The fall of the Greek colonels (1974)

& the restoration of Theodorakis's recordings to EMI Greece

Amongst the first of the many repressive actions brought into play by the coup d'état of the Greek military in 1967 was to ban the music of Theodorakis, a left-winger but undisputedly a musical figure of world renown (most notably as the composer of "Zorba the Greek") and who was already living in exile. They had not only banned his music but instructed the management of the local operating company of EMI (then known as The Columbia Graphophone Company of Greece) to destroy all his recordings - tapes, masters, labels, films & artwork, other factory parts and printing materials etc..

Since its foundation in 1926 the EMI factory in Greece had always been under British management and history shows that it is not unusual for the response of such managers to disobey the orders of trumped up little tyrants !  Often such responses may have been generated by the watching of too many British WWII films (often featuring a similar trumped up dwarf !).

To us today the response to the destruction order was entirely predictable and it was silently observed - but not in the manner the colonels anticipated ! Their instructions, in a manner of speaking, were executed immediately but instead the management of the company disobeyed and requested, of the company's employees, that all these materials be dispersed into their homes for the duration.  History records that they were entirely happy to cooperate with these instructions.

It was only during those rather stressful days in the summer of 1974, when I was holidaying on the isle of Poros, that followed the coup d’état in Nicosia (inspired by the Greek junta) and the simultaneous Turkish invasion of Cyprus (summer of 1974) - and during which time I returned to the office and remained at my post at EMI Greece - that I became aware of what had occurred those years before.  Nothing was discussed and no plans were made by the management as that would have been dangerously premature.

In mid-afternoon on the day that was to see the collapse of the colonels' regime (23rd July), the MD's secretary Aphrodite, in a state of some excitement, burst into my office to exclaim that we were all "in great danger ...... there are tanks on Patission...! You must go home at once !". I wondered why tanks were going across Athens instead of northwards, but I later discovered they were heading for the railway station where they were said to have been in transit for the Turkish border ! They never left the city !

I replied to Aphrodite that as we were situate outside Athens, and my home was in Ekali, even further out to the north, I'd carry on for a while and then go home.  My wife and three children remaining on holiday on Poros and were doubtless watching the continuous passing of military aircraft overhead.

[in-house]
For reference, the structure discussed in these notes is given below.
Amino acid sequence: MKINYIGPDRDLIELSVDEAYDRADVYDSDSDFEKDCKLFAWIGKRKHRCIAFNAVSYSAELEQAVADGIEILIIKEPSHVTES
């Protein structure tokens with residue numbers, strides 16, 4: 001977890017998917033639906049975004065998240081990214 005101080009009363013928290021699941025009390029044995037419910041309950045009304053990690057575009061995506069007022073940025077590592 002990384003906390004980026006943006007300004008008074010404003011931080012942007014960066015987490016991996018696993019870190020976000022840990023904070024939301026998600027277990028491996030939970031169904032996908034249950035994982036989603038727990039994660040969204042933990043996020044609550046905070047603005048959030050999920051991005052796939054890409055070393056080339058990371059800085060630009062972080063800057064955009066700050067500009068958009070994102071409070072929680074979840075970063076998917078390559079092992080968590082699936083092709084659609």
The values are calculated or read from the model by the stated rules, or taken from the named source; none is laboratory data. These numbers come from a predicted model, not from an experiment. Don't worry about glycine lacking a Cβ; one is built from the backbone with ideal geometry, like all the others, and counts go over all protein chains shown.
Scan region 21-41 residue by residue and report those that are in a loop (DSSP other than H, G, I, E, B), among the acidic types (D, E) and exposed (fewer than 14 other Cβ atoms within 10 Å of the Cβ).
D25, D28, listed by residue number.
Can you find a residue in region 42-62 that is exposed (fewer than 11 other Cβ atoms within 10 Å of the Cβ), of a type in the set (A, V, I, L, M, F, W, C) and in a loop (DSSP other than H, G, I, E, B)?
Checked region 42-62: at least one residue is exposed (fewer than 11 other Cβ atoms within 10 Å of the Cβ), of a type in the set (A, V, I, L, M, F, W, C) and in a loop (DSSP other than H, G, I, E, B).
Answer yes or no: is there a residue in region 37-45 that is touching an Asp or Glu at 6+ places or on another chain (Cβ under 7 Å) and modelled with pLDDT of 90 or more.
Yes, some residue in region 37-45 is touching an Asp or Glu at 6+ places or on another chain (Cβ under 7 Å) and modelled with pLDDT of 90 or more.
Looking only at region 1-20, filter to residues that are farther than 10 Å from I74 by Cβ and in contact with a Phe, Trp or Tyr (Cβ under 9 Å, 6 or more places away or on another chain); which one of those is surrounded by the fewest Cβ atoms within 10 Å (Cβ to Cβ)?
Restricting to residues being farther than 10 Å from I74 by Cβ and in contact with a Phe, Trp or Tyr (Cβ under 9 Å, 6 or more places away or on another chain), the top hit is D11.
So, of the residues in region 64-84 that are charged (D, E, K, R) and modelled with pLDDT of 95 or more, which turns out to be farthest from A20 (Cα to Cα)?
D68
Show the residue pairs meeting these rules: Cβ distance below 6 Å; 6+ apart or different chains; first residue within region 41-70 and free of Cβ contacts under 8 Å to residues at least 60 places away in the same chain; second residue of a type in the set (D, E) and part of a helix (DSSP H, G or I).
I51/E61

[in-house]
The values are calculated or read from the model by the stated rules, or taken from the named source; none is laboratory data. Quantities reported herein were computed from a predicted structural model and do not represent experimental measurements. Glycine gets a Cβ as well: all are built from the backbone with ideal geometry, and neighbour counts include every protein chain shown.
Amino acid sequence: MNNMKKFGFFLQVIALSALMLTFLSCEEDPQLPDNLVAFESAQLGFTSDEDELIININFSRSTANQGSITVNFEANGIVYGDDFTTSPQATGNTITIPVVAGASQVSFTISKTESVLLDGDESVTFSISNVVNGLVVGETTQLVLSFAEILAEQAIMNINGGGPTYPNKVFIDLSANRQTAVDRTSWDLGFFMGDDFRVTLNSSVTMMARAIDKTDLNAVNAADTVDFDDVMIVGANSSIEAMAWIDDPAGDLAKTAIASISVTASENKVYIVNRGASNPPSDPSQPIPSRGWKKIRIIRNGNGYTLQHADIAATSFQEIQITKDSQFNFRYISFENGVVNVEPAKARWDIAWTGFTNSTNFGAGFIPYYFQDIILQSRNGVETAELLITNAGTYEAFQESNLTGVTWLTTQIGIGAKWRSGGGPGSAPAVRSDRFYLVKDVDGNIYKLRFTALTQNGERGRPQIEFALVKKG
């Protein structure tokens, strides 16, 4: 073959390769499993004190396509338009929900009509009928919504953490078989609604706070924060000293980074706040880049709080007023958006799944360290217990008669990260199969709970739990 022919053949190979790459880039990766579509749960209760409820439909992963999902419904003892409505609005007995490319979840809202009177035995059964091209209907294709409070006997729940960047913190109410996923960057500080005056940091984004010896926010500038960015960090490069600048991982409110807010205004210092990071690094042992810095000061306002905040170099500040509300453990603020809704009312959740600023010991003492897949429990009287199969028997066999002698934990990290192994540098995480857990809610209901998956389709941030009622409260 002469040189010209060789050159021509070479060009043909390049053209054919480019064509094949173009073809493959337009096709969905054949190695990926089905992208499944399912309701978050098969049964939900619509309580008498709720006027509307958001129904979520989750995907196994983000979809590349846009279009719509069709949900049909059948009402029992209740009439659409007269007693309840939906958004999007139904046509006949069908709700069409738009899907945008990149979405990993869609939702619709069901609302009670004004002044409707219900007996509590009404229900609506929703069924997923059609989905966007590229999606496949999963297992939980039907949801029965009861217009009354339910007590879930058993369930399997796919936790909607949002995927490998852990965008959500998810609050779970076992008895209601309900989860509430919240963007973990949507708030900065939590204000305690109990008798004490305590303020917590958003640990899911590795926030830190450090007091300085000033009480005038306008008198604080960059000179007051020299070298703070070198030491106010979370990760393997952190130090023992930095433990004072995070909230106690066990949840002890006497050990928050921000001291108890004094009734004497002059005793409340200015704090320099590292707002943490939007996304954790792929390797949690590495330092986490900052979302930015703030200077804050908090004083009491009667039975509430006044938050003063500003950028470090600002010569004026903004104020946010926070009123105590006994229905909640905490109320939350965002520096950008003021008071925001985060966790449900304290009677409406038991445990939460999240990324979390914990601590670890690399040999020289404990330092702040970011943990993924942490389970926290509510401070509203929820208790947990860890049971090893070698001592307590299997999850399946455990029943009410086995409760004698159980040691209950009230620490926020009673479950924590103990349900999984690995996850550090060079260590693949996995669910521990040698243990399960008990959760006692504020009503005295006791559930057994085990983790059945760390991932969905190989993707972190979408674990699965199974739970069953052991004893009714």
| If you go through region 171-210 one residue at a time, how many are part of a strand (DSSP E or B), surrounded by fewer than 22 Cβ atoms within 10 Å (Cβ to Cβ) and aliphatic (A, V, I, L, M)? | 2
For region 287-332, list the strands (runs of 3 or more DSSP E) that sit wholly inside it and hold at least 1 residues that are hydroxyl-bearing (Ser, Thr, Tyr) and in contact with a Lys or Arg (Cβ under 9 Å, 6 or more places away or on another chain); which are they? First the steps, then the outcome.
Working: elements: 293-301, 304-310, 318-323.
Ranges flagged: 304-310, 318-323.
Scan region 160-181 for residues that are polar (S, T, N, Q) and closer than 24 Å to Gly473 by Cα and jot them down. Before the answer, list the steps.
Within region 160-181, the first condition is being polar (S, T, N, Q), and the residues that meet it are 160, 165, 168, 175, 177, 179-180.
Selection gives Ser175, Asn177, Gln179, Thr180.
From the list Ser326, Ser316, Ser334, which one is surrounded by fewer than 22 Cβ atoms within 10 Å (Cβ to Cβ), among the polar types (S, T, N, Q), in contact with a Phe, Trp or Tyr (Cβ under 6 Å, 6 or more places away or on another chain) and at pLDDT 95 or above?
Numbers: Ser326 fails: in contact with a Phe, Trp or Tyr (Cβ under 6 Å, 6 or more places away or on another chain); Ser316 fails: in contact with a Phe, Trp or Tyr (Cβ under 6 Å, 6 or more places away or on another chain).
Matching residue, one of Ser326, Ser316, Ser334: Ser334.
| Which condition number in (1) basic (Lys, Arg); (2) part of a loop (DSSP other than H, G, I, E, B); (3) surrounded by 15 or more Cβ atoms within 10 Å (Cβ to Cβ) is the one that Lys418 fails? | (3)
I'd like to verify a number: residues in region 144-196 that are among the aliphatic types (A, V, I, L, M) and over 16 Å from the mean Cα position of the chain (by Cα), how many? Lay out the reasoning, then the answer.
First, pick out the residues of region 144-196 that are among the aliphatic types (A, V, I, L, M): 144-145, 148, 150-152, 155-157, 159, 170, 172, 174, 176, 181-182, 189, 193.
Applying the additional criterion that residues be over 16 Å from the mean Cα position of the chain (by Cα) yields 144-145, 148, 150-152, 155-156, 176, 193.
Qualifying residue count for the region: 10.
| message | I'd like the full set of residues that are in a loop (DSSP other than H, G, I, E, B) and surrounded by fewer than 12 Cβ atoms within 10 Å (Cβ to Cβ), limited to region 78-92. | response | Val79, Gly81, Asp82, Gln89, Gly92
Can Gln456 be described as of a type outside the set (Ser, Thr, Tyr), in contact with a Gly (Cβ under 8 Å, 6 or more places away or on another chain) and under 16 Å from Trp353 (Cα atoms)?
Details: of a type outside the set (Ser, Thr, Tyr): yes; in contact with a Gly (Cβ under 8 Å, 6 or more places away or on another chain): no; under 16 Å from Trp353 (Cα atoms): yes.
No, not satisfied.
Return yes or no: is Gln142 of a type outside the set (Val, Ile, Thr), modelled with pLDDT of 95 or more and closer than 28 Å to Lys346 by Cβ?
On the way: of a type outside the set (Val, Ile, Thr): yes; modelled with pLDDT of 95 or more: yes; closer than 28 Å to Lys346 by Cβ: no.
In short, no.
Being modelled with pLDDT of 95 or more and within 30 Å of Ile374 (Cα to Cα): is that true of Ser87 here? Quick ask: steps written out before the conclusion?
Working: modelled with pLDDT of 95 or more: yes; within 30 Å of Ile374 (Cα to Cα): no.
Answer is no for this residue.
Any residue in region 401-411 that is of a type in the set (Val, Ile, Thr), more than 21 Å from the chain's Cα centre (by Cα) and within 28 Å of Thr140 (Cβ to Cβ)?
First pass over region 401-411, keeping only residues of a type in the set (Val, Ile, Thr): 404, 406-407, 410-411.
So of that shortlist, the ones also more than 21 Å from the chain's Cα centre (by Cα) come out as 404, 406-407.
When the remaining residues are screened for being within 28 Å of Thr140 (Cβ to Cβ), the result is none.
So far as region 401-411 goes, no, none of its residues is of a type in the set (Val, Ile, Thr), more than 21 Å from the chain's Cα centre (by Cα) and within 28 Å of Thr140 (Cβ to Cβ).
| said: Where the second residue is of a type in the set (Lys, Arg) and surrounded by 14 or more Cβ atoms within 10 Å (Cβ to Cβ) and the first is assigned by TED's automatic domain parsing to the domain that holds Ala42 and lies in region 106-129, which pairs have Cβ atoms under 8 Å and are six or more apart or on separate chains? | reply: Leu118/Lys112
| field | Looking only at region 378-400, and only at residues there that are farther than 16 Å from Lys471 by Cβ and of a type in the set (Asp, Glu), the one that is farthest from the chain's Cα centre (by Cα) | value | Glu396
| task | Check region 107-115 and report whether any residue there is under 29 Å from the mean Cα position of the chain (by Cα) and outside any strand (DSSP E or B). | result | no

On my way home I called in at the house of friends in Kifissia and as I pulled up Dr. Michael Dobbyn's Greek wife Daisy appeared, coming down the garden path, exclaiming.... "It's all over..... Karamanlis is leaving Paris right now in Giscard d'Estaing's plane and he will land shortly in Athens..."

Somewhat relieved that the stress of the previous few days was now over, I went out to dinner in Kifissia with Brian Rea, my opposite number from ITT.

The following day, naturally, I went to the office. As I put down my briefcase my secretary Nikki said, "Before you do anything I think you'd best go look at the board room table".

Yes, it was a big table, and ... yes, it was covered with everything that the employees had kept concealed in their homes for all those years. This was a very moving moment as I observed, perhaps in only a small way, a nation responding to one of their national treasures (whatever his politics may have been) and, as it were, bringing all this material home to the safety of where it belonged and without a word being said (or so it appeared).

Within about 2-3 weeks the (EMI) Columbia factory, with the aid of Peter Jamieson (MD of the music production company EMIAL in downtown Athens), had everything in production and LPs & cassettes we being sent out (once again) all around the world "by the ton" and most especially to London, to Peters Inc. in NY and the Greek communities across the world and most especially in Melbourne (said to be the 3rd largest Greek community in the world - Qantas were delighted !).

However the story has a slightly shameful footnote. For obvious reasons I was unable to tell this tale sooner but immediately upon the announcement of Theodorakis's death (2nd September 2021) I contacted the BBC.  It is sad to report that the BBC's R4 Today programme were, as it were, all "out to lunch" that day.  The independent journalist who was asked to ring me was very enthusiastic about the story but the following day I was informed that the BBC were not interested.  Hence this article.

I think the BBC's position brings shame upon them since this is a moving and human story notwithstanding that many in that institution have similar political leanings towards this composer !   But this all took place some 47 years ago so perhaps their staff are too young to recall such matters ?

My own favourite recording of Theodorakis is the very moving "The Ballad of Mauthausen" with Maria Farandouri
You Tube : [ the legitimate CD must certainly still be available ]

The Greek actor Kostas Kastanas, the Cypriot Ambassador to Spain, the former EMIAL MD, Peter Jamieson 
& former lawyer & EMI Chief Counsel, Guy Marriott, have all confirmed their approval of this article.
John G. Deacon
Sales Director : EMI Greece 1971-77 (formerly Columbia Graphophone Company of Greece)

Buckinghamshire, January 2022